Saturday, July 23, 2011

Why Indie Theatre?: Edward Einhorn

 In celebration of Indie Theatre Week (July 23 - August 1, 2011),
we asked members of the OOB community to answer this question, "Why Indie Theatre?"

I began my theater company nearly 20 years ago, almost on a whim.  I knew someone who owned an art gallery.  I had recently read a play about art, Tom Stoppard’s Artist Descending a Staircase, which I sort of wanted to direct.  I was interning at New Dramatists and knew I had some free rehearsal space.  I named the company Untitled Theater Company #62, at the suggestion of my friend Daniel, as a joke about the titles of the paintings.  The company’s name also had a secondary meaning; it was one of thousands of semi-anonymous theater companies, something that would briefly bloom and die thereafter.  Why did my company need a name for such an ephemeral existence?

The show went well.  I was proud of the performance, the audience seemed to enjoy it, and I actually made money on it (OK, about $100 net, which I think had to pay to repair a window I accidentally broke while cleaning).  So…then came another.  This was a bit more expensive, lost money.  But the show went well.  Then another.  Then…

The more my company existed, the more it grew an identity.  When we incorporated in 1995 as Untitled Theater Company #61 (my brother took as his lawyer’s fee the new number, corresponding to the year of his birth), I was hard pressed to define our mission, except as plays that I liked.  Plays that, essentially, I sort of wanted to direct.  Or that I wanted to write and direct.  I was proud of the quality of the work, but somewhere in my mind I considered the work a sort of audition, for some random theater impresario who would see it and take me on.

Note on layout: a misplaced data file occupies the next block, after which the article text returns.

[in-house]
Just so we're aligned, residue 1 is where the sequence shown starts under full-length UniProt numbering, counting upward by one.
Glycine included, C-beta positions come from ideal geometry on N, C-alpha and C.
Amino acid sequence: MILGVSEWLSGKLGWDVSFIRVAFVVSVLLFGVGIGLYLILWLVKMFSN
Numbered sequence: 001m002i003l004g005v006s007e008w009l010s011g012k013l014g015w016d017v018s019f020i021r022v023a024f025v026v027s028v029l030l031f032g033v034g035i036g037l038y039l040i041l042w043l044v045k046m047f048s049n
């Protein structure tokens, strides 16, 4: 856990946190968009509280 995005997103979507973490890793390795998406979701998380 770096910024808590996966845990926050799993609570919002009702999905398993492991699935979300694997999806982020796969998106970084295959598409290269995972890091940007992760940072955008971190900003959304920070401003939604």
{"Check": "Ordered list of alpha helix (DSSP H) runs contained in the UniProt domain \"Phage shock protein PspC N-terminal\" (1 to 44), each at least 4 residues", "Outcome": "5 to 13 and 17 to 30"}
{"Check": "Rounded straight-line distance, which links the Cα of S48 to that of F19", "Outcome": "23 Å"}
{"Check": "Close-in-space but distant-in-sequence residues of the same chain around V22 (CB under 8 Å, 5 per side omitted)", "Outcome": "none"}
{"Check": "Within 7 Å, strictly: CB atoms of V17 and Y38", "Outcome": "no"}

For years the company was an island to itself.  I barely had contact with the theater community, as such, I just did work and tried to get people to come.  Few did.  Then, in 1996, I directed Richard Foreman’s My Head Was a Sledgehammer at NADA.  Suddenly, I was part of a larger community.  Suddenly, I found like-minded theater folk who shared the same passion for theater that I had.  I had found independent theater.

Of course, I had been doing independent theater all along.  I had been perhaps the most independent of all—independent of community, of press, of audience…independent in ways that, I suspect, many young directors in the city find themselves, until they find others like them.

But before I found NADA, I remember, I had found theater to be a sometimes lonely place.  The actors would come and go, and I enjoyed their company, but often I would be alone in the theater, working on lights, loading in, loading out, and doing all the things that made the show ultimately happen.  The support that NADA gave to me, and specifically that Ian W. Hill gave to me for that show, has been the support I have found throughout my time in independent theater since: fellow souls who find that theater is not merely something they enjoy, it is their calling.  Ian worked with me not just to support me, but because that is where his heart lied as well.

I found myself involved in downtown festivals, when those festivals were a rarity, not an everyday occurrence.  And the community grew.  And then, I decided to put together the Ionesco Festival.